Travelling without Moving
“I can honestly say, I don’t think you’ve ever lived until you’ve been to a traveller’s wedding,” says dressmaker Thelma Madine. And with the return of Channel 4’s Big Fat Gypsy Weddings exploring the weird and wonderful weddings of Britain’s Romany gypsy and Irish traveller population, it’s easy to see why.
The obvious spectacle in this series is the completely over-the-top dresses, from a seven-year-old swaddled in an enormous pink marshmallow of a frock, to teenage brides who insist on huge fantasy-inspired gowns so heavy that they make them bleed. This week’s bride, sixteen-year-old Josie, has a dress so enormous that her entire eleven-strong family could easily hide underneath it, but for the thigh-high front which shows off her garter and underwear.
This community’s dress sense is at complete odds with what the rest of society would consider to be moral; it seems the sluttier the better. With all their highly sexualised bumping and grinding, it’s hard to believe that the gypsy way of life actually demands incredibly high moral standards. Sex before marriage is an absolute no-no, and every meeting with boys is chaperoned for fear of becoming “scandalised”.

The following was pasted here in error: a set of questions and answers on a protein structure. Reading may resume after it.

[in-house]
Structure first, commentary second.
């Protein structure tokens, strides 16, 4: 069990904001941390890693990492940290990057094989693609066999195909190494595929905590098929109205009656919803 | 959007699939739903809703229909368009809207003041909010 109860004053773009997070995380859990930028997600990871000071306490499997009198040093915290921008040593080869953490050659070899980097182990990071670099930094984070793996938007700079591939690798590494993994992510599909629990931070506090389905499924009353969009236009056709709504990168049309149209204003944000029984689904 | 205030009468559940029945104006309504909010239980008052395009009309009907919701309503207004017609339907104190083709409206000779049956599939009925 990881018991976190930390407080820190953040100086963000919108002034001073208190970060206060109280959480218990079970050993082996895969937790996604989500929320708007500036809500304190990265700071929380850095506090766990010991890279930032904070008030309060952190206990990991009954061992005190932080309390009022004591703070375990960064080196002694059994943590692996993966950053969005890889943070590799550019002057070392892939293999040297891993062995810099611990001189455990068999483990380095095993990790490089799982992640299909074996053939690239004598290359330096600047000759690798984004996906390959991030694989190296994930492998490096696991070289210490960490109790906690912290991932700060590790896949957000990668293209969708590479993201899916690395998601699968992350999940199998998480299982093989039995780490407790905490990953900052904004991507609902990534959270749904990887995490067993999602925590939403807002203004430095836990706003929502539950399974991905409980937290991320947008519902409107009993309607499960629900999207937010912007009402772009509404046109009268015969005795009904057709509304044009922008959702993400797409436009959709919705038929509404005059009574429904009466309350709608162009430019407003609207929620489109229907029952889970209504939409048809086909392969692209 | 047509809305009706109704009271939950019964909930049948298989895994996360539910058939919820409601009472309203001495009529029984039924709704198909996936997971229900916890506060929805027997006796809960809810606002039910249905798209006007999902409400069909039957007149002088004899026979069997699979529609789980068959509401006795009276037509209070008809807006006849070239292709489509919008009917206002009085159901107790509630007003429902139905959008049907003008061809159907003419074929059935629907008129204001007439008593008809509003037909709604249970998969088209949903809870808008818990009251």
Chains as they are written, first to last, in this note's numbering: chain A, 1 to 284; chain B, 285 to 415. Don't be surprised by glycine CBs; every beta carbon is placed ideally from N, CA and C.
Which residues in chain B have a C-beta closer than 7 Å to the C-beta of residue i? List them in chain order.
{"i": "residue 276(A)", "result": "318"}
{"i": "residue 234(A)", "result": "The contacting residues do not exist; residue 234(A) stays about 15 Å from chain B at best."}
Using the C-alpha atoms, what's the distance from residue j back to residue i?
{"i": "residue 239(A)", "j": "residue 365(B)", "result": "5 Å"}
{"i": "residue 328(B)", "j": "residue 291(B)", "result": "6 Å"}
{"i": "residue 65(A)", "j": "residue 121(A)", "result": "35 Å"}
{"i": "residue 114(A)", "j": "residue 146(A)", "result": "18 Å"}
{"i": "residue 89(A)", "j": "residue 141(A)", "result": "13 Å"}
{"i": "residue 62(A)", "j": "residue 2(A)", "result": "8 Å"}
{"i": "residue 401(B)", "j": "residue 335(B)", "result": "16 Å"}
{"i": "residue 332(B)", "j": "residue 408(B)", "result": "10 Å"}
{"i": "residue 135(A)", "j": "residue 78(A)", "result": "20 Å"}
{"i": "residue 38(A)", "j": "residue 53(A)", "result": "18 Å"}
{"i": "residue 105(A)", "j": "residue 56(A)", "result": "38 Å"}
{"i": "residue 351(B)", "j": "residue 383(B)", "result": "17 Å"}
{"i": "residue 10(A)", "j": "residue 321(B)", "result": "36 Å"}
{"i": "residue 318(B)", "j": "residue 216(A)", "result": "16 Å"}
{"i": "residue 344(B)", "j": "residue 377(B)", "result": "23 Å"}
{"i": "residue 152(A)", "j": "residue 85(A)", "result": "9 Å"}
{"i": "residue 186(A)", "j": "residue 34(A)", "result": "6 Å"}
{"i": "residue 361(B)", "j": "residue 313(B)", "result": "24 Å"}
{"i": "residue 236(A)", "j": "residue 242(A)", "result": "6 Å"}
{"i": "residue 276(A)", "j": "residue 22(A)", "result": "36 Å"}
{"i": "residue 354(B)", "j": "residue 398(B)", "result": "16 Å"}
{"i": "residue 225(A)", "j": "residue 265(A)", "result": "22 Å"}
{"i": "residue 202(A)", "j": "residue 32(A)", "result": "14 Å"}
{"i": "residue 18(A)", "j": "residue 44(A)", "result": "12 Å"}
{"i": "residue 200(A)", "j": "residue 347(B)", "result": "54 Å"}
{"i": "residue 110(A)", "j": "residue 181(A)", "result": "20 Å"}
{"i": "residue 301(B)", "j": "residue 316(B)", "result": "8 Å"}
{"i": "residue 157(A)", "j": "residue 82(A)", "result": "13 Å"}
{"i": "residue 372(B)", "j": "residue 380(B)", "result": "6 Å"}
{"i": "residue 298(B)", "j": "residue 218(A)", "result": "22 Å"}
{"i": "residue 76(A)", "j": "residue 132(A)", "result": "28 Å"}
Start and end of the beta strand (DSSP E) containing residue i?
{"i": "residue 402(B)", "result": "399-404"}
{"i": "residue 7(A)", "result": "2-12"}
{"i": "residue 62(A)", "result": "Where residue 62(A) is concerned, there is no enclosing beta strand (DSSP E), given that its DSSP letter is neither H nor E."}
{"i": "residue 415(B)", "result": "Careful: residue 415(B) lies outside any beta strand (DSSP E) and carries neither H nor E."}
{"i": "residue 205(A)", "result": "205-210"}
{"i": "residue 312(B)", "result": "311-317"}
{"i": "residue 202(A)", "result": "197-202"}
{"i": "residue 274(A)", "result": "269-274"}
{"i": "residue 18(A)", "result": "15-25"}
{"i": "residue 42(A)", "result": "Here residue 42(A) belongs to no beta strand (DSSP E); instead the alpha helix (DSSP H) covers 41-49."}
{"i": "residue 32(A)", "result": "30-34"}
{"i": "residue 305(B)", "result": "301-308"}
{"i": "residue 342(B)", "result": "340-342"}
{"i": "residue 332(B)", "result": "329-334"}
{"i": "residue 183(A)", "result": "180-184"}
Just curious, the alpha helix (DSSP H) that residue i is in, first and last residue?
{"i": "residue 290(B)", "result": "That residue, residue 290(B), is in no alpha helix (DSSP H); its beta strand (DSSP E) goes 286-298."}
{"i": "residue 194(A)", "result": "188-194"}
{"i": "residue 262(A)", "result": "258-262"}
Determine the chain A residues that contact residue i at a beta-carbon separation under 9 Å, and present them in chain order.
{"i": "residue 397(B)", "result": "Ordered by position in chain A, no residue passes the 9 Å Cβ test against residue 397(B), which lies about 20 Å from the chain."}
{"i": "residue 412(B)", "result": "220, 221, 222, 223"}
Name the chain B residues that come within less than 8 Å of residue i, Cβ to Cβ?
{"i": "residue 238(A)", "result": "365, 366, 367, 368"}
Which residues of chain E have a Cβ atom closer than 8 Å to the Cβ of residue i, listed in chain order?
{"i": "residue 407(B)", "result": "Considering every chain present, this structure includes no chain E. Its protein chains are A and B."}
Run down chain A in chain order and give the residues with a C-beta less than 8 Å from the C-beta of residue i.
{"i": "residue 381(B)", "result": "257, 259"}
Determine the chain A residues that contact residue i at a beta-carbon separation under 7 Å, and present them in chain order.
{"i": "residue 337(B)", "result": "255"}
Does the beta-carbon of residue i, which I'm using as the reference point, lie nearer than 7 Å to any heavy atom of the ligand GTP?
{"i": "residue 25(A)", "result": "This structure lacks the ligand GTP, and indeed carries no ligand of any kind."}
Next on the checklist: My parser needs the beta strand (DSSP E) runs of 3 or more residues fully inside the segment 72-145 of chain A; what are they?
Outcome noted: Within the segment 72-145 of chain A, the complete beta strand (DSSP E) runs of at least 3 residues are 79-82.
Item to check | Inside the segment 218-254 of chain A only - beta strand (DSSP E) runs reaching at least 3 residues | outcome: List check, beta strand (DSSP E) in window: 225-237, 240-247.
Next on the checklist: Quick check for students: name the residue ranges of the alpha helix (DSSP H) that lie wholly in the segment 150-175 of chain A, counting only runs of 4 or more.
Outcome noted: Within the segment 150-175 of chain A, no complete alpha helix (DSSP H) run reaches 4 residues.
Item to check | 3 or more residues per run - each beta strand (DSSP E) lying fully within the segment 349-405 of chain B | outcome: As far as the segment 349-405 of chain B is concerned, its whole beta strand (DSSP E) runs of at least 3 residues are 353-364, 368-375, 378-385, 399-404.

It’s not just their morals that are important, but also their old-fashioned family values, which they are proud of and keen to preserve. Women stay at home and men go out to work. Of course the problem with this kind of set-up is that it makes women incredibly dependent on their husbands, and as Josie prepares to leave the security of her parents’ house in Liverpool to live with her new husband’s large and relatively unknown extended family on a caravan site in London, one can’t help feeling that she’s walking into a very vulnerable and isolated position.
Fifteen-year-old Cheyenne hopes for a loyal husband who “don’t beat you” [sic]. Cornered by a boy at Josie’s wedding in want of a kiss, he drags her off outside alone in the dark in a practice known as “grabbing”. Having had her begging and screams ignored, the sparkle in her eye has gone and her voice is shaking, but she seems to shrug it off. “That wasn’t a violent grab, I’ve had much worse than that” she explains. “It’s not nice at all, but you just have to live with it.”
And there we have the terrifying reality of the treatment and expectations of gypsy and traveller girls. Amongst the amusing, tacky extravagance of their dresses, Big Fat Gypsy Weddings perhaps unwittingly exposes a deeply disconcerting issue in the form of ritualistic sexual harassment of girls who are yet to reach adulthood. Let’s just hope it doesn’t go unnoticed.